Customer experience annuities are a compelling source of growth that is commonly overlooked. As a gift that keeps on giving, customer experience annuities free-up resources that were previously dedicated forever to the equivalent of “Band-Aids®”, and re-allocate those resources to higher-value opportunities.
For example, a large percentage of customer escalations, customer service/success, and customer loyalty/churn investments address things that would not have occurred if they were done right the first time and consistently from customers’ perspective. Strategic actioning of these issues’ root causes can significantly reduce value-rescuing resources in favor of value-creating resource expansion.
Customer Experience Improvement Actions
There are 3 levels of customer experience improvement: (1) resolving the instance, (2) preventing recurrence, and (3) preventing occurrence of issues that bother customers.
What bothers them bothers your company’s quest for growth:
- Customers’ negative word-of-mouth dilutes the value of your brand equity, marketing, PR and positive word-of-mouth.
- Customer requests for resolution expands your costs in technologies and personnel (including opportunity cost: productivity trade-off in problem-solving vs. value-creating) for customer service, customer success, warranties or returned material authorizations (RMA), and escalations.
- Customer cycle time delays for payments and purchase decisions reduces productivity of your accounts receivable and sales teams, among others.
- Customers’ share of budget reductions and churn require costly incentives, loyalty programs, and customer success investments to maintain market share.
Accordingly, mature customer experience management can reduce business risk. As described throughout this series on CEO’s Guide to Growth through Customer-Centered Management, customer experience is customers’ realities compared to their expectations. Customer experience management, as it should be managed, is alignment of the company to customers.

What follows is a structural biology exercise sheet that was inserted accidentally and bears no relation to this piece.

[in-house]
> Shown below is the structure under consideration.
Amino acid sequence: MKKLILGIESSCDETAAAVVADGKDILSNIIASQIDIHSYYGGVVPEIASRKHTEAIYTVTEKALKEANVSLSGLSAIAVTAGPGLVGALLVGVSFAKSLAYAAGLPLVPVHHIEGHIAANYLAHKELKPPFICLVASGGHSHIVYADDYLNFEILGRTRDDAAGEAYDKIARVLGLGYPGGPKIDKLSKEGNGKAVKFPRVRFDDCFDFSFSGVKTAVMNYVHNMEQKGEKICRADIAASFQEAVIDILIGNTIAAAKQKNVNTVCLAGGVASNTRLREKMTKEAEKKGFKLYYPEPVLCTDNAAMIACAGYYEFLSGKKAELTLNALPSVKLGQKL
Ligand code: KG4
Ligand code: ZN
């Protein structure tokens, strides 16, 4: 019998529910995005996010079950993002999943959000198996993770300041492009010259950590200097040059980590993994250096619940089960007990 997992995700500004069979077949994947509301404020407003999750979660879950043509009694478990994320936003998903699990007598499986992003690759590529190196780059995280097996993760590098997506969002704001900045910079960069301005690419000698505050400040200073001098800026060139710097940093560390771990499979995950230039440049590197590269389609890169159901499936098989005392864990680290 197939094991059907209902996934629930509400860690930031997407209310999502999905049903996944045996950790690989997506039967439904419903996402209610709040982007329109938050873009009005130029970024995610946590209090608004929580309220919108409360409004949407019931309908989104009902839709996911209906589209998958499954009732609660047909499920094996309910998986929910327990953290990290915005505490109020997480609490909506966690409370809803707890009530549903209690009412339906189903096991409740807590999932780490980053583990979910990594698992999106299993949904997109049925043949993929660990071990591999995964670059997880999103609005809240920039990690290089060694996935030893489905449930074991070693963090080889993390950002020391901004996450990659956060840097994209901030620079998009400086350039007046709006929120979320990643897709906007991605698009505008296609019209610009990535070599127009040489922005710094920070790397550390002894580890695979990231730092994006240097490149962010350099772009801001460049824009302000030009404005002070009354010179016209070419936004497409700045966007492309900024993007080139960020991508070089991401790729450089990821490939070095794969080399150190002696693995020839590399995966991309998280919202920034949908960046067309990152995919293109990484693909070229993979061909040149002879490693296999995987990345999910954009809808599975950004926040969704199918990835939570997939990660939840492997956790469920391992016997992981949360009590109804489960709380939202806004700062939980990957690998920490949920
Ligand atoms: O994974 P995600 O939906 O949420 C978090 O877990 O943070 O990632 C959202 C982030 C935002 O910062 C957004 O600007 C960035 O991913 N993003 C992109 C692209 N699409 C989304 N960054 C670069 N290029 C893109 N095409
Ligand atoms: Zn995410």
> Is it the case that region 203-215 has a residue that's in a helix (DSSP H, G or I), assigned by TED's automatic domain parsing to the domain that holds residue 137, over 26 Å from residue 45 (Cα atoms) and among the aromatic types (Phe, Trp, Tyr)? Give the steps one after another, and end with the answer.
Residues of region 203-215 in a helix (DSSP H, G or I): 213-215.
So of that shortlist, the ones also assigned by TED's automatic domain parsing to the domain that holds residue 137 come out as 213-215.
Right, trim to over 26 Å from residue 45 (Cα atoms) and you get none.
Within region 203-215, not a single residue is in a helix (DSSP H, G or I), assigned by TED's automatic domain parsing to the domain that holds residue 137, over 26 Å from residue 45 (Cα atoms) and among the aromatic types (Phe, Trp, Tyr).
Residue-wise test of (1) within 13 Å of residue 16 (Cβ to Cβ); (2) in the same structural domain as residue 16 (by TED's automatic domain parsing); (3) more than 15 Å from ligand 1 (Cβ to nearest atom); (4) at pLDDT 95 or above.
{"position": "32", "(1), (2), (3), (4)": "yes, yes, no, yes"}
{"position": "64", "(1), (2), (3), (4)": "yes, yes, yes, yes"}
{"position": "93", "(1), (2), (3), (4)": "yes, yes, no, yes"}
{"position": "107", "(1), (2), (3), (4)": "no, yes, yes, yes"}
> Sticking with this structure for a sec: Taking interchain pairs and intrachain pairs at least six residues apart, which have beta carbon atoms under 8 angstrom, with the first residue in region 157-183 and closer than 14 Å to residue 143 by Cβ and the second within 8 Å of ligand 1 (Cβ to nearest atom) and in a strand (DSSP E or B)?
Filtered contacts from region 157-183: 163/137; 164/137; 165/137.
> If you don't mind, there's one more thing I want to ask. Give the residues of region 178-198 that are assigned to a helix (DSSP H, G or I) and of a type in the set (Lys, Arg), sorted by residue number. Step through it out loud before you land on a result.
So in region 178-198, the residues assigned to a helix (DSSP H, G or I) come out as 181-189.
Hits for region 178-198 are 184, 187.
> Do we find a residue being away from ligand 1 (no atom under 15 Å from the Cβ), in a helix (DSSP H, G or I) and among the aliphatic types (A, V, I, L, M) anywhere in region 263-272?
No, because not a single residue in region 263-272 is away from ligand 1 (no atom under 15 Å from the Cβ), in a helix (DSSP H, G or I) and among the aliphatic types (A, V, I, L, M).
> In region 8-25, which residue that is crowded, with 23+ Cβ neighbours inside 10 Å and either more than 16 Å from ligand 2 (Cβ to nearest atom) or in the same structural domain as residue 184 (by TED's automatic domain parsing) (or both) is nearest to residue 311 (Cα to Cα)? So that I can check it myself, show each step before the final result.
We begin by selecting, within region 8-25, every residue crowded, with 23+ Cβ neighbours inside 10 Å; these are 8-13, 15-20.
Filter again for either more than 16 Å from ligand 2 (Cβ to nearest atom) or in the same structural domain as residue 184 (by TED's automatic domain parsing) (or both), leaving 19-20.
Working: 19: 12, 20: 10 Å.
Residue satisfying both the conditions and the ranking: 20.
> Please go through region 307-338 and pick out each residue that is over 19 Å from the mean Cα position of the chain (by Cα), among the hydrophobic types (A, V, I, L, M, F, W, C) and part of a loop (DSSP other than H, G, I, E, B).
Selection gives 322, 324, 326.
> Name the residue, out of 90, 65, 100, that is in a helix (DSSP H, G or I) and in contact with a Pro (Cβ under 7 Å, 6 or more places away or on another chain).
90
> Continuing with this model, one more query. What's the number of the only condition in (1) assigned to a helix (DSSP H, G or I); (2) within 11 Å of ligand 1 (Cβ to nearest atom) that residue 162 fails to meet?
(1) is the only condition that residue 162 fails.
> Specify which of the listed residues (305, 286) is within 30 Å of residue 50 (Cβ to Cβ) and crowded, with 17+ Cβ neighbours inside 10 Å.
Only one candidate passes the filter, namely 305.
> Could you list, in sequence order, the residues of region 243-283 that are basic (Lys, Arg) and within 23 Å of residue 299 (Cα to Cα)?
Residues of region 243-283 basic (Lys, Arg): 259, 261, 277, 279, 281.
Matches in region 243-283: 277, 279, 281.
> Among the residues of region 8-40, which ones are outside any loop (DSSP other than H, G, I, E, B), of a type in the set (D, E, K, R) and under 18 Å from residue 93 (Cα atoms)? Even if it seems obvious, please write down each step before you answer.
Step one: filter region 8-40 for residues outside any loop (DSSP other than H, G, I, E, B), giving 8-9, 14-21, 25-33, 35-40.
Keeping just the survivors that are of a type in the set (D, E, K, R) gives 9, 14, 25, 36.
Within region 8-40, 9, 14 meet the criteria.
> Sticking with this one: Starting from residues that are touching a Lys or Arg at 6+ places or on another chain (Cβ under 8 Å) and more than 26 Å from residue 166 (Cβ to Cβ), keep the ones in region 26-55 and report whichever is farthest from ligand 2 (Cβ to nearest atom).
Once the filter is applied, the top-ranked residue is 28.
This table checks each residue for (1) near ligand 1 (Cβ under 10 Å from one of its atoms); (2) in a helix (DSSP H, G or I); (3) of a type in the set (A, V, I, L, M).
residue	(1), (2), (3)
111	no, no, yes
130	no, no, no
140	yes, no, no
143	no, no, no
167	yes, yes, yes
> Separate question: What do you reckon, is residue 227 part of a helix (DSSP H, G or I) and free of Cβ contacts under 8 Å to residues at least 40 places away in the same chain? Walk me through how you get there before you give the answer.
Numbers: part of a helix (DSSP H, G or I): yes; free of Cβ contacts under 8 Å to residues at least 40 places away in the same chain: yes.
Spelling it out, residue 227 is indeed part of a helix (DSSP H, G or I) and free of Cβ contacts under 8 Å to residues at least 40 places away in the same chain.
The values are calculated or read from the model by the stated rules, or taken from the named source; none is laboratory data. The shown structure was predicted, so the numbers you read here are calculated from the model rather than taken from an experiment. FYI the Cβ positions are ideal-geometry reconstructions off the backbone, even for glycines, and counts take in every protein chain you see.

1. Resolving the instance is the norm today, driven by voice-of-the-customer technology vendors’ emphasis on closing the loop with customers who rated something poorly in a survey. While useful, the effort and bandwidth dedicated to one-by-one fixes should be balanced with impact on the subset of a subset of customers (survey participants are a small percentage of the customer base, and poor raters are a smaller percentage still).
In ClearAction’s 5-year study of global B2B customer experience practices we found that the rigor of resolving the instance was overwhelming managers from addressing pervasive issues reported period after period in survey results. The pervasive issues reduce response rates, customer engagement, and lifetime value as they erode trust: “why do the same issues recur after I told you about them?”
2. Preventing recurrence of perpetual issues experienced by customers is the heart of customer experience management. This is the source of customer experience annuities.
After a merger added 20,000 small and medium business accounts to tw telecom’s customer base, the Operations SVP instilled a hunger for VoC across the company. Through cross-functional collaboration, they reduced customer churn by 27%, increased Net Promoter ScoreTM by 65%, and outperformed competitors by 20% in sales, purchasing, ordering, installation, billing, service inquiry, maintenance and account management processes.
Establishing systematic habits in an enterprise to prevent recurrence of customer issues is known as “operationalizing customer experience“. Among Net Promoter Score® fans, it’s called “closing the outer loop” whereas resolving the instance is known as “closing the inner loop”.
Preventing recurrence is rarely practiced because (a) executives expect quick wins in revenue up-tick, (b) tech vendors emphasize real-time dashboards and resolving the instance, and (c) pervasive issues span multiple organizations.